# Transitioning from mathematics to computer science

I'm a mathematics undergraduate interested in theoretical computer science, machine learning, and neuroscience. I wish to pursue graduate studies in computer science but I fear I might not be able to since I haven't and won't be allowed to take any computer science courses for the rest of my undergraduate years. My curriculum is made up of the traditional pure and applied mathematics courses (analysis, algebra, topology, differential equations, vectors and tensors, probability, etc.) without emphasis on computer science.

My question is, would I be able to apply, generally, for graduate studies in computer science with my degree only as a starting point? I am also taking classical courses in computer science (data structures, algorithms, etc.) online (e.g. Coursera) and I'm very good in programming. Would these add to my chances of being considered for the admissions? In all, if there are any ideas of what I could do, I'd love to hear it.

Thanks.

I think you should take some time after you graduate, and study some selected topics. I think you should necessarily know:

• Some foundations: basic logic, automata and grammars, structural induction on lists and trees and recursion.
• Some algorithm theory, which you can learn from the Cormen Leiserson Rivest Stein book. In particular focus on sorting, searches, basic data structures like linked lists, trees graphs and hash tables, graph algorithms, greedy algorithms and dynamic programming.
• Some computability and complexity. You should develop an intuition for the complexity of algorithms (which you can also get from CLRS), and know about Turing Machines, the Lambda Calculus, some notions of computability (Halting problem, Rice's theorem) and some basic knowledge of complexity classes (P, NP,...)
• C programming; you should be able to reason with pointers and to implement data structures. "The C programming language" by Kernighan and Ritchie is a good reference.
• Some OOP and Functional programming. I suggest Java and OCaml. In particular you should focus on types, inheritance and polymorphism. Check if there is a course about this in the curriculum you want to apply to; If so, don't go too much into the details. You should stop reading about a subject as soon as you read "Category Theory".
• Some concurrent and parallel methods (locks, condition variables, semaphores...), and in general how various programming languages implement synchronization mechanisms. You should be able to write multi-process and multi-threaded programs in C, and multi-threaded applications in Java. Here too, don't delve too much into the details, or you'll never finish. Just try to have an intuition for this, before you start taking more advances courses.
• If you're into AI, you should read something about some advanced graph algorithms (the so called "informed" search algorithms), something about SAT-solvers and some selected machine learning techniques (polynomial fitting, K-NN...) but you're probably not required to know these to be accepted. Considering your background, you will likely have no problems learning even more advanced topics like backpropagation.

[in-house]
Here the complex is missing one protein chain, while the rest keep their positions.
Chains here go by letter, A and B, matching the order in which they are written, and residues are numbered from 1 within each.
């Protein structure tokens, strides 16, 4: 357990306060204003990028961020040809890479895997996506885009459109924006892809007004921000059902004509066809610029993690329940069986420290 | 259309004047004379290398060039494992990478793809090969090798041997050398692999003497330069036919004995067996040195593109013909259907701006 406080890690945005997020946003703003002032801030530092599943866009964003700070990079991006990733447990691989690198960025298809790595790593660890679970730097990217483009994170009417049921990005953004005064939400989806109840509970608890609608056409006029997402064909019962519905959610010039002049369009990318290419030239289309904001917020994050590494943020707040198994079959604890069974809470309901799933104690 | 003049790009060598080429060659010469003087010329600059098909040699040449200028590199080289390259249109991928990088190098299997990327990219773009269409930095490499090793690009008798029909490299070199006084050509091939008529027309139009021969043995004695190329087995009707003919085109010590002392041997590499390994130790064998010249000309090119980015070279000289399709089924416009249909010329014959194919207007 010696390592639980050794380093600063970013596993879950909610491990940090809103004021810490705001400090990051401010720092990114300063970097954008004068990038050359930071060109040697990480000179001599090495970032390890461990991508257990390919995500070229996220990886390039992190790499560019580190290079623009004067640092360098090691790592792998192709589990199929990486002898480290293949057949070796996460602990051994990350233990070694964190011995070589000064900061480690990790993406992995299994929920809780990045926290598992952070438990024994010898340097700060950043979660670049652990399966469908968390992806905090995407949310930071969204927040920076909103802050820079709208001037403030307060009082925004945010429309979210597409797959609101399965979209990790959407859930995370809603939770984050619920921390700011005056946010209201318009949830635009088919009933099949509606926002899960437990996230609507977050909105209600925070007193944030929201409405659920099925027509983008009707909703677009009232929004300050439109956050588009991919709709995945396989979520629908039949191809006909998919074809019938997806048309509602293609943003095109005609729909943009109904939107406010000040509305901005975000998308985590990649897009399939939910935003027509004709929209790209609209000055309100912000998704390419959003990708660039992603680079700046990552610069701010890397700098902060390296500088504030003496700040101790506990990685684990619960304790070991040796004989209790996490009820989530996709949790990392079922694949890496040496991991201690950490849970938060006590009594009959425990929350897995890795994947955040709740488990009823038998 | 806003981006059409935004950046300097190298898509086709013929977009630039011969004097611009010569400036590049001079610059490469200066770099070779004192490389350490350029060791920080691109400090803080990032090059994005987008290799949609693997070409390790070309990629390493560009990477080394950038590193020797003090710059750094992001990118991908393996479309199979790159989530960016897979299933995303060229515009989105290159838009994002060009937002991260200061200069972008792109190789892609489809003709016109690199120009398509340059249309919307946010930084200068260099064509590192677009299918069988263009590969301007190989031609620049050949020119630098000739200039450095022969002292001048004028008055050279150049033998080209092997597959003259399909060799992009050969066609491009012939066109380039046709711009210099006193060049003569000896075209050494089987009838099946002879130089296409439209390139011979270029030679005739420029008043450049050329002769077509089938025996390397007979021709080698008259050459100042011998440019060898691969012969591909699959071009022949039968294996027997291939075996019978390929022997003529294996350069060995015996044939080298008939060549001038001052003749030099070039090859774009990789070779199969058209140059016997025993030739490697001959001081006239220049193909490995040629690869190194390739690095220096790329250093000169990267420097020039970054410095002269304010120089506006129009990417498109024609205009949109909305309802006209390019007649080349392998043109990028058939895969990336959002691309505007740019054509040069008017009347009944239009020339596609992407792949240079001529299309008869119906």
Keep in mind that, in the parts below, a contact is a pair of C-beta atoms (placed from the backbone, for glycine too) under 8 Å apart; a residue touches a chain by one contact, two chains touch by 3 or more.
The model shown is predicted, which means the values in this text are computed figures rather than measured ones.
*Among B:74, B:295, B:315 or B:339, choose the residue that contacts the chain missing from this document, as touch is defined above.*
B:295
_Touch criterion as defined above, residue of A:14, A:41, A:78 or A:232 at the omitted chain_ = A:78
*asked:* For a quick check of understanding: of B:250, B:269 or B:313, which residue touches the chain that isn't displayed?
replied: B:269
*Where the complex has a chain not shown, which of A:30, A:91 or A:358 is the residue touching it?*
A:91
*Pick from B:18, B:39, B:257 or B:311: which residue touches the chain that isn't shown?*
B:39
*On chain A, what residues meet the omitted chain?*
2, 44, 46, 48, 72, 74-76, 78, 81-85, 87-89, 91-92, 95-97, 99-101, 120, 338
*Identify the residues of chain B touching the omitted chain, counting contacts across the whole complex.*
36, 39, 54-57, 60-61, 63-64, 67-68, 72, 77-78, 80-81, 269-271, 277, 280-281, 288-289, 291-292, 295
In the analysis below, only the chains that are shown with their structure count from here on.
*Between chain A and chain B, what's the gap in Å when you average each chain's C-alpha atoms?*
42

You may also be required to know some database theory, software engineering and networks. If you manage to, read something about these topics, but I'd say, for theoretical CS with a mathematical background, the above are more important. Good luck :)

• Alright cool. Will online courses such as courses on Coursera be enough?
– user164461
Commented Nov 29, 2023 at 7:51
• I've never heard of those, so I can't say whether they're enough. I mainly suggest you to study from books, and a few online resources like MIT opencourseware. The lectures by Eric Demaine on algorithms and complexity are particularly good. You will surely find whole courses online (and for free!) about all subjects I listed Commented Nov 29, 2023 at 10:08
• Cool. Thanks man.
– user164461
Commented Dec 1, 2023 at 21:47

I did so and I had no problems. But of course it all depends on the level of the master degree you are transitioning.

I had some basics of Computer Science both from school (I did an IT school) and from my Bachelor, where I studied automatas, regular languages and grammars, C programming, a basic Algorithm and Data Dtructures course (sorting, searching, basic to medium data structures like heaps, graphs, skip lists, etc, routing algorithms, computational complexity and similar stuff), operational research (linear (integer) programming, algorithms on graphs (flows, routing, etc), simplex algorithm, relaxations, NP problems and approximations (greedy, heuristics,...), etc), OOP, compilers, a glimpse on functional programming and numerical analysis (both theoretical and practical). I didn't study deeply these topics on my bachelor but the ideas and way of thinking needed in Computer Science were enough for me.

Of course it depends on the Master degree you are aiming at, if the level is very high and the courses are really deep and requires a very well knowledge of CS basics it is hard to do it without fundations. But for a mid-level CS Master degree I think having some introductory courses on Coursera and a bit of practicality with the subject is enough

• Alright. Thanks for the advice @SilvioM. Appreciate it.
– user164461
Commented Nov 29, 2023 at 7:50

Actually 💯 you can study computer science and mathematics All you have to do is search for institution that offers computer science and statistics. Or if that will not help you can learn Data analyst Data science Machine learning And many other thou these are short courses, they are heckit i would advice just try to advance you mathematics too in other institution's